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Monday, April 22, 2024

NFL 2009: A mighty fast recovery

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Take heart, the downtrodden and weak, the underachieving and the unlucky. The NFL last season provided hope that things not only can get better, they can get better in a hurry. Yes, it can happen to you.

As long as you know what you’re doing.

Three teams made sweeping U-turns in the right direction in 2008, and that doesn’t include the surprise NFC champion Arizona Cardinals. Big losers took the express lane and became big winners, bypassing gradual, incremental improvement. No rest stops at .500 here. The Baltimore Ravens turned a 5-11 record into 11-5 and came within one game of the Super Bowl. After enduring turmoil that shook the franchise to its core, the Atlanta Falcons went from 4-12 and last place in the NFC South to 11-5 and second place.

But the biggest turnaround happened in Miami, where the Dolphins zoomed from 1-15 to 11-5, finishing first in the AFC East ahead of the mighty New England Patriots (minus Tom Brady, of course) and Brett Favre and the New York Jets. The 10-game swing tied an NFL record set by Indianapolis in 1999.

More than half of the 2008 playoff clubs, seven, had failed to make the postseason the year before. Carolina improved by a healthy five games. Arizona went a lukewarm 9-7, just one game better than in 2007. But that was enough to win the mediocre NFC West, and a postseason hot streak sent a franchise synonymous with failure to the Super Bowl for the first time.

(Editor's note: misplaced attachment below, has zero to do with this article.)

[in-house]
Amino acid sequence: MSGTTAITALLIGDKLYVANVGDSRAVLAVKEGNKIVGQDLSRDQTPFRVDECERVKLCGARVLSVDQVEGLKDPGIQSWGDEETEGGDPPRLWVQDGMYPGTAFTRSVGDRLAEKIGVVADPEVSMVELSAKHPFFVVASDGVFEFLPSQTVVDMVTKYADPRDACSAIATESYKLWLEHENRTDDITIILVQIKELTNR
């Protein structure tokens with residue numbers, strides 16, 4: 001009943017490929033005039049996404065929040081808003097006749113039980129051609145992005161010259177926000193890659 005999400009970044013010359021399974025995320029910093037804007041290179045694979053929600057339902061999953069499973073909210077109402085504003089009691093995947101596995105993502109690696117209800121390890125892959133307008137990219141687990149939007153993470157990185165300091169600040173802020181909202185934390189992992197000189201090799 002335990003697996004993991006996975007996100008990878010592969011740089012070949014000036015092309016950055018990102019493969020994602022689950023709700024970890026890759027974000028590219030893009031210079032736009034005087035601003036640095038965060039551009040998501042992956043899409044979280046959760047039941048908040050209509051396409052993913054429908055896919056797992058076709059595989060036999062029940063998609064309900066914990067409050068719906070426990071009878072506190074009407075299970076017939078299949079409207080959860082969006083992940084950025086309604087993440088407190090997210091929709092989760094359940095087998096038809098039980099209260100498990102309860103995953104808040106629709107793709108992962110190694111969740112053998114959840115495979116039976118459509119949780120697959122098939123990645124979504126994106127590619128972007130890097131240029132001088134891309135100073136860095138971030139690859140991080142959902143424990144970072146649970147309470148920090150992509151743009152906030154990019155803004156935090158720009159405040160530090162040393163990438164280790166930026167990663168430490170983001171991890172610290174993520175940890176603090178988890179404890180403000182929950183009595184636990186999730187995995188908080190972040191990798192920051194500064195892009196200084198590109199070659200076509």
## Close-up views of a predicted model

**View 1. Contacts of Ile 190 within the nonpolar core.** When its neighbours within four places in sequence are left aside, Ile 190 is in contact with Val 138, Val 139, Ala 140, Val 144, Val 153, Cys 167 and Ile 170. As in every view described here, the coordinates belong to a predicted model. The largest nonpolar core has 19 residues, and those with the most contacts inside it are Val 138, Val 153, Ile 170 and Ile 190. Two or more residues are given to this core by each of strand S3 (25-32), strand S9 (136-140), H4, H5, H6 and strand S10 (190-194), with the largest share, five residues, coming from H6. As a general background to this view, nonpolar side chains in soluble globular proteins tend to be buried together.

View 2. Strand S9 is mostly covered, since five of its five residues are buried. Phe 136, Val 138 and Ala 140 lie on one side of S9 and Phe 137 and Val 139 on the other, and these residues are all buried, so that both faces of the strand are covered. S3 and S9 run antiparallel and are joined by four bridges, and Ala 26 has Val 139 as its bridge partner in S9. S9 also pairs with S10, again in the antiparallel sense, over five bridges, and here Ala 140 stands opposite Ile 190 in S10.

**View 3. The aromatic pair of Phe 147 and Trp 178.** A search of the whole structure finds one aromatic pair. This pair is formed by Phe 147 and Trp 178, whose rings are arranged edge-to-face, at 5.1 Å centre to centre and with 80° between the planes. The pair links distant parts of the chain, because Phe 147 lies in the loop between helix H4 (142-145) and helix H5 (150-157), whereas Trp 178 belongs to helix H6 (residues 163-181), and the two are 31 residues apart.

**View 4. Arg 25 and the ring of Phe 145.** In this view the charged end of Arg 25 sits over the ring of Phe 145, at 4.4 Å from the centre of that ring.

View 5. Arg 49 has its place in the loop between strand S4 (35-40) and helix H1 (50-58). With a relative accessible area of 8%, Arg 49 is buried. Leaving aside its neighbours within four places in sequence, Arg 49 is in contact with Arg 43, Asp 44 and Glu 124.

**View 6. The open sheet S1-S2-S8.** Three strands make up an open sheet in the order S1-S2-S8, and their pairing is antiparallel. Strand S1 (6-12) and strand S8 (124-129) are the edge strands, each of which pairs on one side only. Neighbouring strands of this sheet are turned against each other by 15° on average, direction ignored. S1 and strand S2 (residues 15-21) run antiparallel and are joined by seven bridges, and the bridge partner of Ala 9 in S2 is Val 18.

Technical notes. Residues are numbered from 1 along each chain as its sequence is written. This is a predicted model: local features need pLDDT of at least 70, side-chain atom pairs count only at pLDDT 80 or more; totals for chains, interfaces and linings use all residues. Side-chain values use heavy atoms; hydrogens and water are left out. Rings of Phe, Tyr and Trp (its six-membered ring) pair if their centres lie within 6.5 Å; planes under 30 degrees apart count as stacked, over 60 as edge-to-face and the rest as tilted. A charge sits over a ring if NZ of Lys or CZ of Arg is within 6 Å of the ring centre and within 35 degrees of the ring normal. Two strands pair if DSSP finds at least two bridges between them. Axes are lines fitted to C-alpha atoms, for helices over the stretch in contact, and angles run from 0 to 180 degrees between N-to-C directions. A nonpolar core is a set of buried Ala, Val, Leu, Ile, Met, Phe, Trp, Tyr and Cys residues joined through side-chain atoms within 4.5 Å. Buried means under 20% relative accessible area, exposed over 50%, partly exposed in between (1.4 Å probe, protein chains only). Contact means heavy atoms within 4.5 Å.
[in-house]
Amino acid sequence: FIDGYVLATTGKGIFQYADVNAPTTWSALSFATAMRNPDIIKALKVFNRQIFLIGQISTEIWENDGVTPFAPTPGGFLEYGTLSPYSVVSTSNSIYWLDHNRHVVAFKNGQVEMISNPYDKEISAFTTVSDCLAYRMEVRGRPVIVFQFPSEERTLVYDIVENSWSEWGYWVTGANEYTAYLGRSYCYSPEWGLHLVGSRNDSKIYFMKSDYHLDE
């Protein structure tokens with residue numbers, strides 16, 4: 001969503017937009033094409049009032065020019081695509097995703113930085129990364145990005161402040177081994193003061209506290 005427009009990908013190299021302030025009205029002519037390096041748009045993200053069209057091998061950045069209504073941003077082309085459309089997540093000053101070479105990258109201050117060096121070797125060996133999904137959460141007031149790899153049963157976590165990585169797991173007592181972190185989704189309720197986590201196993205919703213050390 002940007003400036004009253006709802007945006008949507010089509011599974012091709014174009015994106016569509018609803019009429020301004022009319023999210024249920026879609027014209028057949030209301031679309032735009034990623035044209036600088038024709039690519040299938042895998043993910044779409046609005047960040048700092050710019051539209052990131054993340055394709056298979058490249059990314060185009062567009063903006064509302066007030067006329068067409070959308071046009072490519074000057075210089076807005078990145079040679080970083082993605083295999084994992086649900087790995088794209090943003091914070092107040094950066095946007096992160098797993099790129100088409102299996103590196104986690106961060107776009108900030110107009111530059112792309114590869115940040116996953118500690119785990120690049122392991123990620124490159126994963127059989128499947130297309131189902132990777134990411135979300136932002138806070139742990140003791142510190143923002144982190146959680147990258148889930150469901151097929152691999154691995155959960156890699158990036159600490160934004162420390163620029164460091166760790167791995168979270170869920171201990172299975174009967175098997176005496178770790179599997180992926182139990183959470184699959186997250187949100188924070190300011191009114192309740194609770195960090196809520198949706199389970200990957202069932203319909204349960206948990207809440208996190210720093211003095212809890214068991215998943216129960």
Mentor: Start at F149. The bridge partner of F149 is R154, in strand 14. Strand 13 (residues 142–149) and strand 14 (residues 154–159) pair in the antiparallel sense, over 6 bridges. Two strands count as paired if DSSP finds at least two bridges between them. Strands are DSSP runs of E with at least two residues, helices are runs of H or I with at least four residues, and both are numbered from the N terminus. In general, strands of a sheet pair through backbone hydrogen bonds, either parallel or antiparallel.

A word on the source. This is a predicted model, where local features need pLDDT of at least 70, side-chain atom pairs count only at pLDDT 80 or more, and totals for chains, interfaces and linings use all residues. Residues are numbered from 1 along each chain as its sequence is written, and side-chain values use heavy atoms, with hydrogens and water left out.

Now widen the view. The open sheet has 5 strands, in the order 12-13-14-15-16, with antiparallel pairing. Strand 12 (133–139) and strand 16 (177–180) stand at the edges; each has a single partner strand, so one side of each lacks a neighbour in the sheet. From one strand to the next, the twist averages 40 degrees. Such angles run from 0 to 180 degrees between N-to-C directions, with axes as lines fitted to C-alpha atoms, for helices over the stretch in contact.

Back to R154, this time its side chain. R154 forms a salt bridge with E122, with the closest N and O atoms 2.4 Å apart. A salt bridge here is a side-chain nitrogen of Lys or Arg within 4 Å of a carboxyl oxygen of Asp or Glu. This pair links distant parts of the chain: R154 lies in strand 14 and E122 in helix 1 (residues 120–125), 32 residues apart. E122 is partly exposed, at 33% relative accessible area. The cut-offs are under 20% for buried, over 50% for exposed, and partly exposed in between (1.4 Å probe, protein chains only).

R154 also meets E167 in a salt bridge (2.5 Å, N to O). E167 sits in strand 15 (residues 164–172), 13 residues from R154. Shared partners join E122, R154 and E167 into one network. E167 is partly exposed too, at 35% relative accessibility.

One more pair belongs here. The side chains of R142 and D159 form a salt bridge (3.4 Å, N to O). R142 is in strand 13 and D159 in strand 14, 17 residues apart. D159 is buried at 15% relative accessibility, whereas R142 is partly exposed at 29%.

Other recent seasons have seen major turnarounds. In 2006, a year after Hurricane Katrina’s profound and tragic effect on every aspect of life around them, the New Orleans Saints went from 3-13 to 10-6 and the NFC championship game. That year, the Ravens, who seem to be good at this sort of thing, bounced back from 6-10 to a division-best 13-3. The Jets improved from 4-12 to 10-6 and the playoffs. San Diego in 2004 went from 4-12 to 12-4 as Drew Brees energized the offense, emerging as one of the league’s best quarterbacks.

In 1999, when Indianapolis quarterback Peyton Manning blossomed in his second season and helped reverse the Colts’ 3-13 record, the St. Louis Rams won nine more games than the year before and went on to win Super Bowl XXXIV. Not only were the Rams coming off a 4-12 record, they had lost their starting quarterback during the preseason. And this was a franchise that had failed to win more than seven games in each of the previous nine seasons, which included their move from Los Angeles.